Kobe Bryant Once Again Defends His Massive Contract

by November 21, 2014

Los Angeles Lakers superstar guard Kobe Bryant’s two-year, $48.5 million extension is by far the most unpopular contract in the NBA. Fans and media love to gripe about it, but Kobe couldn’t care less what the outside world thinks.

Bryant knows he deserves the money (and then some), and continues to argue that the Lakers can still build a title-caliber team around him and his huge paycheck.

When asked about the big paycuts star players such as Dirk Nowitzki, Tim Duncan, et al. have recently accepted, Bryant says that wouldn’t have been necessary if they wore the Purple and Gold.

Per the LA Daily News:

“Did I take a discount? Yeah,” Bryant said. “Did I take a discount as much as fans want me to? No. Is it a big enough discount to help us be a contender? Yeah. What we tried to do is be in a situation where we take care of the player and the player takes care of the organization enough to put them in a championship predicament.”


But Bryant addressed this issue considering Dallas forward Dirk Nowitzki took a steep hometown discount this summer, a three-year deal worth $25 million. […] “I think that means he’s not playing in Los Angeles,” Bryant said. “I think it’s not about the winning portion of it. That’s where players get themselves in a lot of trouble. That might offend some people but I’ve played 19 years in the NBA so I don’t care. It’s about the business of basketball. For a lot of writers and fans, they have a tough time distinguishing the two. This is a business. You have to look at the individuals into what they generated, the market that they generated revenue. You can’t separate them. People have a hard time separating that stuff. From a business perspective you have to take that into account. As a player you have to try to as a player be in situations where you can have a win-win for everybody.”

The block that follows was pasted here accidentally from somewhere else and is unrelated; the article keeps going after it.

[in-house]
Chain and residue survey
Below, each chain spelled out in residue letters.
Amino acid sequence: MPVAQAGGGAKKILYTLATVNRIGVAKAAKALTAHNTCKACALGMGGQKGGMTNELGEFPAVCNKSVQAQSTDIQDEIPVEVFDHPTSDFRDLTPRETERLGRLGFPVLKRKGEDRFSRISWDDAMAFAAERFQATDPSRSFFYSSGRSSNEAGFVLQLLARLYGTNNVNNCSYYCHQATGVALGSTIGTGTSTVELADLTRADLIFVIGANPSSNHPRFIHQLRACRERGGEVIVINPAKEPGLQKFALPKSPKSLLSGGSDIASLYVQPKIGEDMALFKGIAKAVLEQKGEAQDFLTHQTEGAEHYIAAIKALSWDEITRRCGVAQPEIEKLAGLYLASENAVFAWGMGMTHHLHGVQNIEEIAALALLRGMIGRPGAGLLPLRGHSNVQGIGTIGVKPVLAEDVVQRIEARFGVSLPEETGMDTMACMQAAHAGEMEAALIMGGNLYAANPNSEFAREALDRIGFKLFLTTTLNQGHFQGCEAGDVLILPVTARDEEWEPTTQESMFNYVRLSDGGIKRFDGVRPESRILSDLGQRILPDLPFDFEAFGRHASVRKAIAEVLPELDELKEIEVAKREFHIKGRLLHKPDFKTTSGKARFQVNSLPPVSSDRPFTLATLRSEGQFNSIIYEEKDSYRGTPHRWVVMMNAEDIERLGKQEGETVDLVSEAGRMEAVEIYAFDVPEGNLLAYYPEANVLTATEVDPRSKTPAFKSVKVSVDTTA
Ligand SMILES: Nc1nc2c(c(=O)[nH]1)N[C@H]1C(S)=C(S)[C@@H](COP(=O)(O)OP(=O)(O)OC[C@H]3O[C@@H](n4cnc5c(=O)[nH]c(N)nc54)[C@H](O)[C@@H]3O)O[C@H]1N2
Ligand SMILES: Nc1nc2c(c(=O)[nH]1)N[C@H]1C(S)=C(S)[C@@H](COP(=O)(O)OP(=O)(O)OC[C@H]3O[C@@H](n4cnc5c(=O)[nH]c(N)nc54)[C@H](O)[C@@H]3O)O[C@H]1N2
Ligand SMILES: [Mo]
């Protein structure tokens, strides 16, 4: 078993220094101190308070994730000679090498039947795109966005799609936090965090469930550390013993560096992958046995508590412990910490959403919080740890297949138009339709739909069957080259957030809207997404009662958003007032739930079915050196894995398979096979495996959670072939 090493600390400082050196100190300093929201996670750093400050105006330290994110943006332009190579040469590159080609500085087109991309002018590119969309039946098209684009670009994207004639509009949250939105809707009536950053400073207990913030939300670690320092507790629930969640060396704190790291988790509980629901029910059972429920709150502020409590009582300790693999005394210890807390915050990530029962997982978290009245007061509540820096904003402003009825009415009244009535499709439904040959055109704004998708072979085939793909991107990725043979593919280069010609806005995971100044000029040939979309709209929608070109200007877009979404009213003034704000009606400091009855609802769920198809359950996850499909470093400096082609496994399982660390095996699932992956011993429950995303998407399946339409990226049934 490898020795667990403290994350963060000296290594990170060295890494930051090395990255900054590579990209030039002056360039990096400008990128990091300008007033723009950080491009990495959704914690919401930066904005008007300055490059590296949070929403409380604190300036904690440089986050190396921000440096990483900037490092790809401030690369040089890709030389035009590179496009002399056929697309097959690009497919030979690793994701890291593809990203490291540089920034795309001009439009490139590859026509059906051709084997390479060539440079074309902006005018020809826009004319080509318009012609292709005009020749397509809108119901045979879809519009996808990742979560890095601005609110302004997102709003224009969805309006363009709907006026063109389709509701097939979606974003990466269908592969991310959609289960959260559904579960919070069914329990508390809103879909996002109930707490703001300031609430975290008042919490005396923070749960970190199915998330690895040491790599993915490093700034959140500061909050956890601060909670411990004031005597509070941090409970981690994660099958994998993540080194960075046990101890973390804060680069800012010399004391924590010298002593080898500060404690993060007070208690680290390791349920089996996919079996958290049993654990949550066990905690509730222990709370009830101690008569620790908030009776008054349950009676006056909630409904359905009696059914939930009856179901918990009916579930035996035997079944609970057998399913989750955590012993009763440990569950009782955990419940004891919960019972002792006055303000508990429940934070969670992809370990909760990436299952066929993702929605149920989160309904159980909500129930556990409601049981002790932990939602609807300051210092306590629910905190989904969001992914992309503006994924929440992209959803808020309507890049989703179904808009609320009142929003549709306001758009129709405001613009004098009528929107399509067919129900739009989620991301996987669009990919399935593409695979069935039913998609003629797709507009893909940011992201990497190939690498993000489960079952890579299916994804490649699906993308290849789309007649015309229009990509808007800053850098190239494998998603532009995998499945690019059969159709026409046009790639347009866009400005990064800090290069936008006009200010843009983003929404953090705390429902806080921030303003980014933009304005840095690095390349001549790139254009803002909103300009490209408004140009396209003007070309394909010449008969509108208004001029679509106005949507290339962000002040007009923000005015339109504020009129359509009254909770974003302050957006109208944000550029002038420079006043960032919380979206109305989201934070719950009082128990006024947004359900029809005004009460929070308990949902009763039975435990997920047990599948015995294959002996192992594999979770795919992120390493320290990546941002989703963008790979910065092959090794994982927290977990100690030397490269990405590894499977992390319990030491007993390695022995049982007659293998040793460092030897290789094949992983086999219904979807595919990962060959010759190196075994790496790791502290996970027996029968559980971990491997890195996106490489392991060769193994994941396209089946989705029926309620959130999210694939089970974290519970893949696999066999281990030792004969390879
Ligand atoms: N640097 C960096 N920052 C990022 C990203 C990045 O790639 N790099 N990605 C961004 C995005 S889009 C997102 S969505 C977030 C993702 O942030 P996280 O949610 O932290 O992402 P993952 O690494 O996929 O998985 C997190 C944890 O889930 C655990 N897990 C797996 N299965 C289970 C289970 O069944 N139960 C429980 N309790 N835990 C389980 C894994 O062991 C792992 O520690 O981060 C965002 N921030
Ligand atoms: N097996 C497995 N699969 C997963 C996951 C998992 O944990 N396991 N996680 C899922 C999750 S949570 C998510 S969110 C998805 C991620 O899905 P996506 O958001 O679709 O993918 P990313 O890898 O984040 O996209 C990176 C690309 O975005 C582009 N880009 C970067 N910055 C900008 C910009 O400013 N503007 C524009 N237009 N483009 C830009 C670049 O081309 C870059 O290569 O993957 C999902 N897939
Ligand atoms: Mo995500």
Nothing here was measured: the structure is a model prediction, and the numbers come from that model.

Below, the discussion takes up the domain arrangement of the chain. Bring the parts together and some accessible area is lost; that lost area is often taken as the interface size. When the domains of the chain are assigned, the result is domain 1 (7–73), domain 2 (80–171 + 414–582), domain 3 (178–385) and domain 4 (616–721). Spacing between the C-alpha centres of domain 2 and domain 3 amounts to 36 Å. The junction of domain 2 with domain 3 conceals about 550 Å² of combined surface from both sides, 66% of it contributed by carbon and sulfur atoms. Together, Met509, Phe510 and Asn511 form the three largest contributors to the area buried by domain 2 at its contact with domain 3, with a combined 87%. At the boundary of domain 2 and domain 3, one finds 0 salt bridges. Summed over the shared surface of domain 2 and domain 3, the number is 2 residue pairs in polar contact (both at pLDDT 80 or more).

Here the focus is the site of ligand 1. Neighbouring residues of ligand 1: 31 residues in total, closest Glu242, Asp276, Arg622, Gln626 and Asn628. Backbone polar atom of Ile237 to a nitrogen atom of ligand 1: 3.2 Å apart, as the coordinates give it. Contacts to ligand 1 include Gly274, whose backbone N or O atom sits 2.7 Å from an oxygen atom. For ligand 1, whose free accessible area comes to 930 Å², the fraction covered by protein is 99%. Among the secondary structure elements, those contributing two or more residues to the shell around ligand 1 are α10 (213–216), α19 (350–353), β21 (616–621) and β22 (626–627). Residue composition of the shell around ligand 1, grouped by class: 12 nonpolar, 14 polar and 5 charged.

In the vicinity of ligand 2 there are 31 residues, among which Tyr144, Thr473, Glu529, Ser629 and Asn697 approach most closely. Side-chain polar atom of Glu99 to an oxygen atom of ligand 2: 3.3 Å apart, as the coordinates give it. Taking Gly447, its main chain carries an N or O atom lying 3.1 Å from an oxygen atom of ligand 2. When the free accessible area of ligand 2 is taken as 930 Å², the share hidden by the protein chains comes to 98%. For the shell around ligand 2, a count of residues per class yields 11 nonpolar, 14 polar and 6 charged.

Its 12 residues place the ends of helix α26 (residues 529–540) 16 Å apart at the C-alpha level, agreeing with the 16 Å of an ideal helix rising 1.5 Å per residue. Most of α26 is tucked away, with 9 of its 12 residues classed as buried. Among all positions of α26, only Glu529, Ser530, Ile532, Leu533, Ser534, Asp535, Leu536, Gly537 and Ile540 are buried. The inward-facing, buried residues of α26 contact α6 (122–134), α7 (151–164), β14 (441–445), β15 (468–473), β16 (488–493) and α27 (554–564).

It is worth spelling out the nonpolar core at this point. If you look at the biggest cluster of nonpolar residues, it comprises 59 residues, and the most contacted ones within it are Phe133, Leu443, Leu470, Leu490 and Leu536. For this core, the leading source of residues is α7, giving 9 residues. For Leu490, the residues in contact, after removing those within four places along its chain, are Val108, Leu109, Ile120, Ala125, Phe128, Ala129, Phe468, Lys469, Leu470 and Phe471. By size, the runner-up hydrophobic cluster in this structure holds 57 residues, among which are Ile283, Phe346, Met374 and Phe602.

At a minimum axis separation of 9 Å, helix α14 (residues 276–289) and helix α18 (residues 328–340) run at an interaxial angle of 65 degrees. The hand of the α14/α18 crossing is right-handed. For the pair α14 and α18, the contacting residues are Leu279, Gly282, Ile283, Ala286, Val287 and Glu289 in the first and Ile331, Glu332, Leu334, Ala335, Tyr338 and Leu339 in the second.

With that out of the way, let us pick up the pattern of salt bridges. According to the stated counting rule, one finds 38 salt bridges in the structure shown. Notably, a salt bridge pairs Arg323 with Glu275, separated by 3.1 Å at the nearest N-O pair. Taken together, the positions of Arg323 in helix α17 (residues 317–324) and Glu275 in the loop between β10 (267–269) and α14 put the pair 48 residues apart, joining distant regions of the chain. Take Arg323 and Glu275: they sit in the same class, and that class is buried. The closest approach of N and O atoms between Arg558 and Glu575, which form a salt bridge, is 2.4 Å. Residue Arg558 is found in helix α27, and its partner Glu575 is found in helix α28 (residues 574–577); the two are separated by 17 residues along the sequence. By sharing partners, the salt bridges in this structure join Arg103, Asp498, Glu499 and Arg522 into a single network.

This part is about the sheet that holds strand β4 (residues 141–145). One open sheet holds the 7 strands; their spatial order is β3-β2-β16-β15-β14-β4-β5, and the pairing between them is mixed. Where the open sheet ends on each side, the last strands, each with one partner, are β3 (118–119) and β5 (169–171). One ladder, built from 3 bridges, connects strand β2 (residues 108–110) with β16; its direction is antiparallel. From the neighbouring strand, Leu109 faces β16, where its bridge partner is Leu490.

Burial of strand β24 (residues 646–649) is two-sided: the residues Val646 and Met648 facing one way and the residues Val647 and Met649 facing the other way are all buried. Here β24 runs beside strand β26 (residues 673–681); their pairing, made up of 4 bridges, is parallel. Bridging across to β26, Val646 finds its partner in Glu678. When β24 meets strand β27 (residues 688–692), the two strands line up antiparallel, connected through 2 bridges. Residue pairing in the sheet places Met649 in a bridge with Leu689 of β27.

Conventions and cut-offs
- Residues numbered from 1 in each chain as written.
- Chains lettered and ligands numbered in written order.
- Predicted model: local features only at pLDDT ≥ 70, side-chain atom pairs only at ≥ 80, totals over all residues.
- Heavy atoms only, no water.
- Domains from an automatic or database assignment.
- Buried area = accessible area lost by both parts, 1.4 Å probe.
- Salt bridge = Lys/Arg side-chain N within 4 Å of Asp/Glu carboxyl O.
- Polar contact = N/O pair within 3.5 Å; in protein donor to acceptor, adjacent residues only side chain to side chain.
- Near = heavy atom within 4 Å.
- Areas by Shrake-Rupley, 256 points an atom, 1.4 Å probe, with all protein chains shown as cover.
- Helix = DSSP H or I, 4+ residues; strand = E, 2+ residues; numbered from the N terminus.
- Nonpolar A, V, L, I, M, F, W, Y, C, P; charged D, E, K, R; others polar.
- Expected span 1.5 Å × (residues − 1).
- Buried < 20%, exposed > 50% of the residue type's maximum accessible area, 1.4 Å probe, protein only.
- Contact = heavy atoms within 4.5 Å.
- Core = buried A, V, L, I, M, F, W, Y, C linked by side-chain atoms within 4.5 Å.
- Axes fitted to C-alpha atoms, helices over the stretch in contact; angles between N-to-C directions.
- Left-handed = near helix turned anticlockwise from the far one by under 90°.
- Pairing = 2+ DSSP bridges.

Bryant also laughed when told (Mark) Cuban has argued against max contracts, saying, “you have to consider the source.” […] “It’s the popular thing to do. Players take less, blah, blah, blah,” Bryant said. “But I think it’s a big coup for the owners to put players in situations where public perception puts pressure on them to take less money. If you don’t then you get criticized for it and all this stuff. It’s absolutely brilliant. But I’m not going for it. I know the new head of the players association isn’t going for it either.”